President of the Day

Handy History, 2nd Ed.
ISBN: 9781578591701

Which famous vaccine did George Washington help pioneer?

  • It inoculated the entire Continental Army.
  • It was discovered by Edward Jenner.
  • It was the only treatment for the disease.
  • It prevented the first disease eradicated by medicine.


Smallpox was the first disease eradicated by medicine. Caused by a virus spread from person to person through the air, smallpox was one of the most feared diseases and there was no treatment for it. Before the discovery of the New World, smallpox epidemics swept across Africa, Asia, and Europe, leaving victims scarred and/or blind, and killing countless millions. When explorers set out to find new trade routes and landed in North and South America, they brought the disease with them, infecting the indigenous peoples.

But once a person had the disease, he or she would not contract it again. This and other observations led British physician Edward Jenner (1749-1823) to develop a successful vaccine against the disease. Prior to the vaccine, the only preventive method was inoculation of the disease itself, which sometimes led to further spread of the disease. For example, in 1777 American general George Washington (1732-1799) obtained congressional approval to inoculate the entire Continental army against smallpox, but the results were mixed.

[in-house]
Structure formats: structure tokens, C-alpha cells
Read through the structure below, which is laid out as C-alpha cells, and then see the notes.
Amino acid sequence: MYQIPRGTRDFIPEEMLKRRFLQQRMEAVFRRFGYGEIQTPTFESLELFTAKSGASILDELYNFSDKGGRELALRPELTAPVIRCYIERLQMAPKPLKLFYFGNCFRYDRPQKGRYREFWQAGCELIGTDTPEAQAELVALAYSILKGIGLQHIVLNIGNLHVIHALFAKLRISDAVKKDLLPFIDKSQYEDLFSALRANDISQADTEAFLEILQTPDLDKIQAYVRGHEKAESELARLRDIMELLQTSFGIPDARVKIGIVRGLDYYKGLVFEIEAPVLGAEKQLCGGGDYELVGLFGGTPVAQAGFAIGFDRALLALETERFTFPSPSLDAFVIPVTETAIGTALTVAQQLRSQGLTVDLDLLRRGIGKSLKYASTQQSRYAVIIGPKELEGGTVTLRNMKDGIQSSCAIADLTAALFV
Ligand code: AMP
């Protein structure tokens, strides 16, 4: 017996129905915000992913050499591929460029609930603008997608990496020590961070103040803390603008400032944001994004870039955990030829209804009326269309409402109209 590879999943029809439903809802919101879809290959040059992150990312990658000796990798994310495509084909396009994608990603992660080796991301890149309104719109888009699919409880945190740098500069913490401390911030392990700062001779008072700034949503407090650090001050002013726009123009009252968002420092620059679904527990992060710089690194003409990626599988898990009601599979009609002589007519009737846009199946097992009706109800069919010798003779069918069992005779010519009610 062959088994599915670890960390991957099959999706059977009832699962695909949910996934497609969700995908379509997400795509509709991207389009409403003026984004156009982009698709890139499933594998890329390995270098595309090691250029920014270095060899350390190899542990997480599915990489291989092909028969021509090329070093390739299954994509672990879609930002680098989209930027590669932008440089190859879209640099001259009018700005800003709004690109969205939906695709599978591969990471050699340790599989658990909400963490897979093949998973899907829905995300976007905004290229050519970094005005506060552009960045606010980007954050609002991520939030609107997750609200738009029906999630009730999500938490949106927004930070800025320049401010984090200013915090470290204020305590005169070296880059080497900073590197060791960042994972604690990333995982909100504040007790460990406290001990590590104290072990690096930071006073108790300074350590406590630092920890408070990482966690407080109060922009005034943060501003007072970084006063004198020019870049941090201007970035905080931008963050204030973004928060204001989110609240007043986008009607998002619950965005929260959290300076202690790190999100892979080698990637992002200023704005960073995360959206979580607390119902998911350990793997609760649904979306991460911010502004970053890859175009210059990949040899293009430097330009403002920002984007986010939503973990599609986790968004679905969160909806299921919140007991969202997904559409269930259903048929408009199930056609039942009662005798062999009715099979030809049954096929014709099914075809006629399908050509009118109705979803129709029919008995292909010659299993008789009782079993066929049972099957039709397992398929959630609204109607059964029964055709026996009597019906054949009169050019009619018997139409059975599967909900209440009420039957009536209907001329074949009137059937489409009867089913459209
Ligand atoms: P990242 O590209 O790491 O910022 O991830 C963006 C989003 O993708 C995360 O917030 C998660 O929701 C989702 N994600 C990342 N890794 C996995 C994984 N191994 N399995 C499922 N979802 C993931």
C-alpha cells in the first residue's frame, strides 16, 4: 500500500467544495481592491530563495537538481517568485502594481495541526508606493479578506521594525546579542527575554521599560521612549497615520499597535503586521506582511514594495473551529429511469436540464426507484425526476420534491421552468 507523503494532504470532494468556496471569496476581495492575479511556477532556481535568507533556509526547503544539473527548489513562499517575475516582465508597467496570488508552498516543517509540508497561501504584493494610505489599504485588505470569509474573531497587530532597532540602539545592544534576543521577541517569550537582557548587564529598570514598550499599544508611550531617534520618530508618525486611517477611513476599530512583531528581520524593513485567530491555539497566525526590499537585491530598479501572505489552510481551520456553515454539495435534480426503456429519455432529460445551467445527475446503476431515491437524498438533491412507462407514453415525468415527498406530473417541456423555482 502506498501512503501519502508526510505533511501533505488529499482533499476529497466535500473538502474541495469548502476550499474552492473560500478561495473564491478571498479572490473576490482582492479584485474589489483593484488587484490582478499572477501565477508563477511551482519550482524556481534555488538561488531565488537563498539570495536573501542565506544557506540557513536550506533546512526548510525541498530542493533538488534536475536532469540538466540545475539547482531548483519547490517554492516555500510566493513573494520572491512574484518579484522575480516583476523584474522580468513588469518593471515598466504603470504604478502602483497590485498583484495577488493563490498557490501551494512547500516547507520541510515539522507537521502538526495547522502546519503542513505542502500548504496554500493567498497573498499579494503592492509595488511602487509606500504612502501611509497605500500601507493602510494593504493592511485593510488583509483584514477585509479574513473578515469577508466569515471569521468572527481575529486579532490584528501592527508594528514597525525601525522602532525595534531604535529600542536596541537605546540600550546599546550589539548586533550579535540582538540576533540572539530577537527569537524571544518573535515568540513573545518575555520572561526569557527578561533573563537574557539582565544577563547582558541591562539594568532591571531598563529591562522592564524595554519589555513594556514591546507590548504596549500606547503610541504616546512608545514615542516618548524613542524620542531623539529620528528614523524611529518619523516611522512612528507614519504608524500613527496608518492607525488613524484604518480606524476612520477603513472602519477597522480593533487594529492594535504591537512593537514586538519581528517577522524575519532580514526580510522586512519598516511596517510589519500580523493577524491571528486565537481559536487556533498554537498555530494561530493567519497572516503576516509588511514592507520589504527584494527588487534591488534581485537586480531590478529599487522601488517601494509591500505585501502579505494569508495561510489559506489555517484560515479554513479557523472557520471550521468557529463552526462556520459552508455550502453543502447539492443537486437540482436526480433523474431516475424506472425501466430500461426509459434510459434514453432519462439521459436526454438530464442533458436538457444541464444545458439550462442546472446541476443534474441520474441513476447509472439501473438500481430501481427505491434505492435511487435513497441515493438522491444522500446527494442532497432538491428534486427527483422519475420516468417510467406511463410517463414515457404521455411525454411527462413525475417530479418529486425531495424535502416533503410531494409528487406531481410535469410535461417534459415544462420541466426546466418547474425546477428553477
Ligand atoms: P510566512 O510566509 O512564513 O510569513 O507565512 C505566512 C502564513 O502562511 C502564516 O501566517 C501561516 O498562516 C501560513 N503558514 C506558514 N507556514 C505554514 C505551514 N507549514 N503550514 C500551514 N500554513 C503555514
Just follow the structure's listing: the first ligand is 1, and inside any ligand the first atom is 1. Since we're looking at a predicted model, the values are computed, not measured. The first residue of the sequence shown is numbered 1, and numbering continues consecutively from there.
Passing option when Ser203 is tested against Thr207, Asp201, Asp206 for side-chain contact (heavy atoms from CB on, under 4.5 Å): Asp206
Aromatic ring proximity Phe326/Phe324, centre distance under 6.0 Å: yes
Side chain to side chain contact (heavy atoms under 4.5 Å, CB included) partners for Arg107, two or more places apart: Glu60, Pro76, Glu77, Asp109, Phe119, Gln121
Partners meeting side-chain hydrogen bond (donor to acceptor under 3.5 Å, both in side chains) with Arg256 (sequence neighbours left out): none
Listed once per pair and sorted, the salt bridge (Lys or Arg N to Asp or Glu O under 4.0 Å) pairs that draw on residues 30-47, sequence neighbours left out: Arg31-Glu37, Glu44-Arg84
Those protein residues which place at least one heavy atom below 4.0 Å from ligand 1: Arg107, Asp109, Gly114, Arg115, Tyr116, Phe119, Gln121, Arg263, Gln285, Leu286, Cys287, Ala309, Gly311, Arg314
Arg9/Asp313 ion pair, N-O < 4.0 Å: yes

After its discovery in 1798 the use of Jenner's vaccine quickly spread. The first vaccine given in the United States was in 1799 by a Harvard physician. During the 1800s many countries passed laws requiring vaccination. Improvements in the vaccine resulted in the elimination of smallpox from Europe and North America by the 1940s. When the World Health Organization (WHO) was created by the United Nations in 1946, one of its aims was to reduce the instances of smallpox around the world. Immunization programs brought this about: The last natural occurrence of the disease was reported in October 1977 in Somalia, Africa. When no further cases were documented within the next two years, the disease was considered eradicated.

From The Handy History Answer Book by Rebecca Ferguson, (c) 2005 Visible Ink Press(R) More than a thousand questions explore a cast of thousands, including Socrates, an early advocate of the question-and-answer format.

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